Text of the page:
It’s Agatha Christie – David Walliams style.
Yes, BBC1 brings the great crime writer back to UK screens with a new drama series starring (and executive-produced by) the Britain’s Got Talent judge and Little Britain star.
To say he has camped it up would be true – but a little unfair all the same. What Walliams has done is turn Christie’s stories of this rather conventional 1920’s couple into a cheeky and raucous yarn that always seems to have its tongue firmly in its cheek. But that feels appropriate: there was always something camp about Christie on TV. Think of the star-studded Poirots and Marples with their glorious costumes, arch celeb cameos and melodramatic reveals. This is following tradition.
The production team have gone forward 30 years, turning Christie’s 1922 espionage story The Secret Adversary into a Cold War yarn that takes Walliams’s Tommy and his wife Tuppence (Jessica Raine) into the austerity years of the 1950s.
It’s a silly cartoonish plot, featuring a missing woman, a suspected Soviet assassin and the involvement of Tommy’s Uncle, Spy Master Major Anthony Carter, who is played by James Fleet, an actor best known for performing as hapless buffoons in things like The Vicar of Dibley and Four Weddings and a Funeral.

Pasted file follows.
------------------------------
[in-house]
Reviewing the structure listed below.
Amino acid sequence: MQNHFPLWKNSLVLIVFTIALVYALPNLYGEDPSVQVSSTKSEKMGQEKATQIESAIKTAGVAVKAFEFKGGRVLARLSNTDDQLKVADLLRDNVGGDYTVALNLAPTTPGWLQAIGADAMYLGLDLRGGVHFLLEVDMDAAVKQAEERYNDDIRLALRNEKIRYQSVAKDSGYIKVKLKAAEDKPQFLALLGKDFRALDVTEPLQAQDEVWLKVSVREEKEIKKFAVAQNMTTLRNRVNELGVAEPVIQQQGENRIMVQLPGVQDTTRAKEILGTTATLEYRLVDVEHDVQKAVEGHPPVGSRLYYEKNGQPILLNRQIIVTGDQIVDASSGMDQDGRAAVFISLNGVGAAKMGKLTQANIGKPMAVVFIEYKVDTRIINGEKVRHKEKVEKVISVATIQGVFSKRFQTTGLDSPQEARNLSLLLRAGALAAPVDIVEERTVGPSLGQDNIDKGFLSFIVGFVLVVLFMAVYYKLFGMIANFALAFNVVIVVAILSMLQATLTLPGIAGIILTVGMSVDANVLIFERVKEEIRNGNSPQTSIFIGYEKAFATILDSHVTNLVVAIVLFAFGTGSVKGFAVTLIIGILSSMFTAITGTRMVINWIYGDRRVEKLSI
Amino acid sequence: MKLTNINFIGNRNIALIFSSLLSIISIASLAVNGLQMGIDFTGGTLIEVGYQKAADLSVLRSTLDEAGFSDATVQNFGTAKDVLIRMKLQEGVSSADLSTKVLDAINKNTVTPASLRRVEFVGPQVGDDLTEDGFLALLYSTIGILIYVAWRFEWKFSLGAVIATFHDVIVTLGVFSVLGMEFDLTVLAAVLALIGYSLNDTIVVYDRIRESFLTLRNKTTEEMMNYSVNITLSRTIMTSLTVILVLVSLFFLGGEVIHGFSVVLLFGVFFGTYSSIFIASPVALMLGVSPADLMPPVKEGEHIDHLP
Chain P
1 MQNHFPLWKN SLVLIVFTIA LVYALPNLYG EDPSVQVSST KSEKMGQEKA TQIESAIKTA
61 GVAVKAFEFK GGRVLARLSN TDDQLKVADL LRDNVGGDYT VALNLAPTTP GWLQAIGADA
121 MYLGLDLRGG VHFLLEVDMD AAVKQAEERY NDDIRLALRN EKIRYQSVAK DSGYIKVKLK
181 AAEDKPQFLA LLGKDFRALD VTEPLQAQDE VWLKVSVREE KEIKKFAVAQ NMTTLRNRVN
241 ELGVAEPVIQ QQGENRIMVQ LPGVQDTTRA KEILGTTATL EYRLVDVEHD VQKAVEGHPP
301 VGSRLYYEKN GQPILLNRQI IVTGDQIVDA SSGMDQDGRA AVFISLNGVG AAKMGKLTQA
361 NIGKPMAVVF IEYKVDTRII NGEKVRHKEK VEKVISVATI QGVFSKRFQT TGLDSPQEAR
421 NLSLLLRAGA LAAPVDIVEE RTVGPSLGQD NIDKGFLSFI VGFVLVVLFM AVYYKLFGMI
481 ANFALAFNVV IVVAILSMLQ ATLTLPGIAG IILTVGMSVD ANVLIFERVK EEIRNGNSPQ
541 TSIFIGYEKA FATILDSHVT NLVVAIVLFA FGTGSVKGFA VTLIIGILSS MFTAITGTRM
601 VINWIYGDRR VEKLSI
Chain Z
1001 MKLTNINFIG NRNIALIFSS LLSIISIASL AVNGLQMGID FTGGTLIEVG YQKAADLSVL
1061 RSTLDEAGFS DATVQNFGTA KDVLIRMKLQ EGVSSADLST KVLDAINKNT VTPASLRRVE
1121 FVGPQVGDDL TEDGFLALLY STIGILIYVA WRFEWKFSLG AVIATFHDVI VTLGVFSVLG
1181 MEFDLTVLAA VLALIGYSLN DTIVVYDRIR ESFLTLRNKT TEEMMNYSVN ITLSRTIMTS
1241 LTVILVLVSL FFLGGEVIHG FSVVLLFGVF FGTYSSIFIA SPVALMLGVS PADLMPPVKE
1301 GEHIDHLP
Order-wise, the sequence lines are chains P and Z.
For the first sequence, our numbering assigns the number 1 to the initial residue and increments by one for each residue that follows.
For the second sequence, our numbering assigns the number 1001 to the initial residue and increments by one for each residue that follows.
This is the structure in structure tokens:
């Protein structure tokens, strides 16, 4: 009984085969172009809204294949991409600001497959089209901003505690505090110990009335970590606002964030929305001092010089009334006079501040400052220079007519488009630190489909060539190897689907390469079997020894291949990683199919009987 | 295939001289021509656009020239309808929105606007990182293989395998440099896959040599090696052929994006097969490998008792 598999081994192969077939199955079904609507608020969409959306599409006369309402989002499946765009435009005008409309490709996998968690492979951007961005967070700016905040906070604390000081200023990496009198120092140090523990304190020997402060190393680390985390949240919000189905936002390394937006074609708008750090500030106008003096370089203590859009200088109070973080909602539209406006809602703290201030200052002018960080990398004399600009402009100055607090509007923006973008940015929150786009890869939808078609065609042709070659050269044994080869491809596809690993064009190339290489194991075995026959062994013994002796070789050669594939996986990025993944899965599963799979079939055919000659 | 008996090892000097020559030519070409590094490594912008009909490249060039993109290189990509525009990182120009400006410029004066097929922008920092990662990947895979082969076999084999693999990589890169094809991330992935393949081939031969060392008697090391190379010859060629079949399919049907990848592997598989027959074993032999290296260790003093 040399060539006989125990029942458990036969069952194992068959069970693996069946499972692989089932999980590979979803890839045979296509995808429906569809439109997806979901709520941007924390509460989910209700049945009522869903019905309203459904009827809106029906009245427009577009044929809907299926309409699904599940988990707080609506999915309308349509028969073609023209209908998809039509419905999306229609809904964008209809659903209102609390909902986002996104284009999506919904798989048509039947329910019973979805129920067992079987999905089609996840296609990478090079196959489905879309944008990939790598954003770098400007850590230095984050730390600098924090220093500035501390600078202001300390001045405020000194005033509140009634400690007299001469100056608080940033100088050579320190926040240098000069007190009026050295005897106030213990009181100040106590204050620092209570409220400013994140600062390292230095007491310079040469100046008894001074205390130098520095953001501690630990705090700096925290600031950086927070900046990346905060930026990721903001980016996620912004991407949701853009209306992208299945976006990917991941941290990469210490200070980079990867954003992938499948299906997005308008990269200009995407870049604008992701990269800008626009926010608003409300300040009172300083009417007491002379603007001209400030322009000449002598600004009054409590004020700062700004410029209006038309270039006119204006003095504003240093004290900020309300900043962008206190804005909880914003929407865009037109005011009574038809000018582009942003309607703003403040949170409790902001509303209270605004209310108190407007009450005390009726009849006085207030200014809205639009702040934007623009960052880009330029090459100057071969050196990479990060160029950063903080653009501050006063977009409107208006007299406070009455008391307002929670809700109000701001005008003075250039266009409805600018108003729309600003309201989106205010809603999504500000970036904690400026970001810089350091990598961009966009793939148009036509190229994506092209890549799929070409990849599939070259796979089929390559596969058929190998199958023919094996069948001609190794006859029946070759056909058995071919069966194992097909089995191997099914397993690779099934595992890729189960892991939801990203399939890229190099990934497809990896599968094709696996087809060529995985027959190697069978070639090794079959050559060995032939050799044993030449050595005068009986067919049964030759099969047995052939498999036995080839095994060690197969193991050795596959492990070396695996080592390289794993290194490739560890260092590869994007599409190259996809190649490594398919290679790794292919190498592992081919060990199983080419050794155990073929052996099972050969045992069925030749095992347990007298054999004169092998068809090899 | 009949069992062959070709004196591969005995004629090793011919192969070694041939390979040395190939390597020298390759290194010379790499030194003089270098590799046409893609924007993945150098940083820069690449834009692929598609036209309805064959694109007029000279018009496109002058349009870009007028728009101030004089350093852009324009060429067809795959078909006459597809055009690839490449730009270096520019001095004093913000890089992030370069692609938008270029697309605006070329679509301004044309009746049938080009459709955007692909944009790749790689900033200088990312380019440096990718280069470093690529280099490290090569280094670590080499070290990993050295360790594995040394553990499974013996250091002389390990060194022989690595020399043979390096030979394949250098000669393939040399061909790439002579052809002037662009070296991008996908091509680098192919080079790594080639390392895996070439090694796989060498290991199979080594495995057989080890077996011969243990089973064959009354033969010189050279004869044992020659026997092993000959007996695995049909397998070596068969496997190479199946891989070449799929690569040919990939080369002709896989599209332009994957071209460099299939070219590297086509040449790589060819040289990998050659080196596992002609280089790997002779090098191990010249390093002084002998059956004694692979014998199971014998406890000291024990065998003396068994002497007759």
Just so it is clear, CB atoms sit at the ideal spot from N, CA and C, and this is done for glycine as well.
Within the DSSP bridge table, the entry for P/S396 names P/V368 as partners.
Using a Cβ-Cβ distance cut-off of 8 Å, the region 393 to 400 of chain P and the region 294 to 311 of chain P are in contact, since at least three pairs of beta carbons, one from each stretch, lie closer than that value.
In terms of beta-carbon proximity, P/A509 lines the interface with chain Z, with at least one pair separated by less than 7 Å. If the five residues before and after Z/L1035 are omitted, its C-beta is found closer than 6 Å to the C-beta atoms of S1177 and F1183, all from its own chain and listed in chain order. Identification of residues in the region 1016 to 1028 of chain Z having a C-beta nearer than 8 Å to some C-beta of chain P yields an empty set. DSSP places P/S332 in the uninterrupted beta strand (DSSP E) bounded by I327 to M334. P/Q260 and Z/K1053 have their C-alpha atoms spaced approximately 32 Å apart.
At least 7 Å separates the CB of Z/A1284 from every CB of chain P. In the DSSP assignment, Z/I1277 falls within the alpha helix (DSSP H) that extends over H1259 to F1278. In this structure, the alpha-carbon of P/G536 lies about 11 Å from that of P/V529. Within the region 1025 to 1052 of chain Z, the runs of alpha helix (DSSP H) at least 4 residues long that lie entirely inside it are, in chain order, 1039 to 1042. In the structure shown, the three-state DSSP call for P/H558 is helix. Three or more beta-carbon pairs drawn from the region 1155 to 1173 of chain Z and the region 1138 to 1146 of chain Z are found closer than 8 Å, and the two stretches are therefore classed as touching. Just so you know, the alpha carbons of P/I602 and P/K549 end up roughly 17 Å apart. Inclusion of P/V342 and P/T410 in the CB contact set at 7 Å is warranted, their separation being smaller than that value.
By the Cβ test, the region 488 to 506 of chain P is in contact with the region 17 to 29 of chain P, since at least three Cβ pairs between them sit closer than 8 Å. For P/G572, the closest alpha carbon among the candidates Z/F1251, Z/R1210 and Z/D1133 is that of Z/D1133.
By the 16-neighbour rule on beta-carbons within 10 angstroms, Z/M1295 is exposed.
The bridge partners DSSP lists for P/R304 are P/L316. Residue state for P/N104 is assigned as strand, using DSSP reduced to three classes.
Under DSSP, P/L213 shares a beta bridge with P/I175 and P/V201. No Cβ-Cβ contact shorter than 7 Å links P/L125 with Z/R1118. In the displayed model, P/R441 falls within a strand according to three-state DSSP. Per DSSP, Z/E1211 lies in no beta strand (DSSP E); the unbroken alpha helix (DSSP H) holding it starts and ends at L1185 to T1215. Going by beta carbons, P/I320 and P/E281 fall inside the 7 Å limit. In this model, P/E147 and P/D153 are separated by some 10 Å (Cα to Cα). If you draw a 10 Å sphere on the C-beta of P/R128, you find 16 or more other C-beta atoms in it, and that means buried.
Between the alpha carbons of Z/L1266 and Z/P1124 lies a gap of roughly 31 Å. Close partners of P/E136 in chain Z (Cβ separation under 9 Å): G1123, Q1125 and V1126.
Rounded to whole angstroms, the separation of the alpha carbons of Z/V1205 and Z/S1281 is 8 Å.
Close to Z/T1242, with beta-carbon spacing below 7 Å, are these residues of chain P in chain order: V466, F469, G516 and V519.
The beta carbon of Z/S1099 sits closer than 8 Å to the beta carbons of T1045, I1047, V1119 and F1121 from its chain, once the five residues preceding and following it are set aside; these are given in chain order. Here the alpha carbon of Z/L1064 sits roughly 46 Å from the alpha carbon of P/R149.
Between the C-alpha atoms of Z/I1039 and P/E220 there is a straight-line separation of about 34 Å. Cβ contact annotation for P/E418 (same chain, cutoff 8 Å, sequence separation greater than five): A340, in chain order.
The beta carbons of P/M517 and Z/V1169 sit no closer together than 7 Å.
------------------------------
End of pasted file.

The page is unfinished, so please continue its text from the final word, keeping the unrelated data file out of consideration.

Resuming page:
This is all a bit silly. But you can’t help feeling that it’s meant to be.
The Secret Adversary is the first of two stories (each three episodes long, in a six-part series) and scriptwriter Zinnie Harris has embellished it with a much greater sense of Tommy and Tuppence as a married couple than in Christie’s novels.
Tommy is much more of a klutz than in the books, and a lot is made of his failed wartime service (he was invalided out after being hit by a delivery van – embarrassing or what?).
There is a sense, too, that his failings have affected things in the bedroom department, judging by Tommy’s response to Tuppence’s innocent use of the word “rampant”.
“A rampant something would be nice,” he mutters under his breath.
See, I said it was cheeky.
The production values are high, certainly, and the ensemble acting work is very good. I particularly liked the casting of Clarke Peters from The Wire as a rich American trying to find his lost cousin. In a drama that doesn’t take itself entirely seriously, you can spring these sort of surprises and they work.
Call the Midwife’s Jessica Raine clearly enjoys the freedoms of the part, which involves a lot of scampering about, costume changes and broad brush performing. She’s perfect for this.
Whether it will work as well as Suchet’s Poriot or the various Marple incarnations ITV has brought us… well, that depends on your taste for absurdist camp. Personally speaking, this rather won me over.
Partners in Crime continues on BBC1 on Sundays at 9pm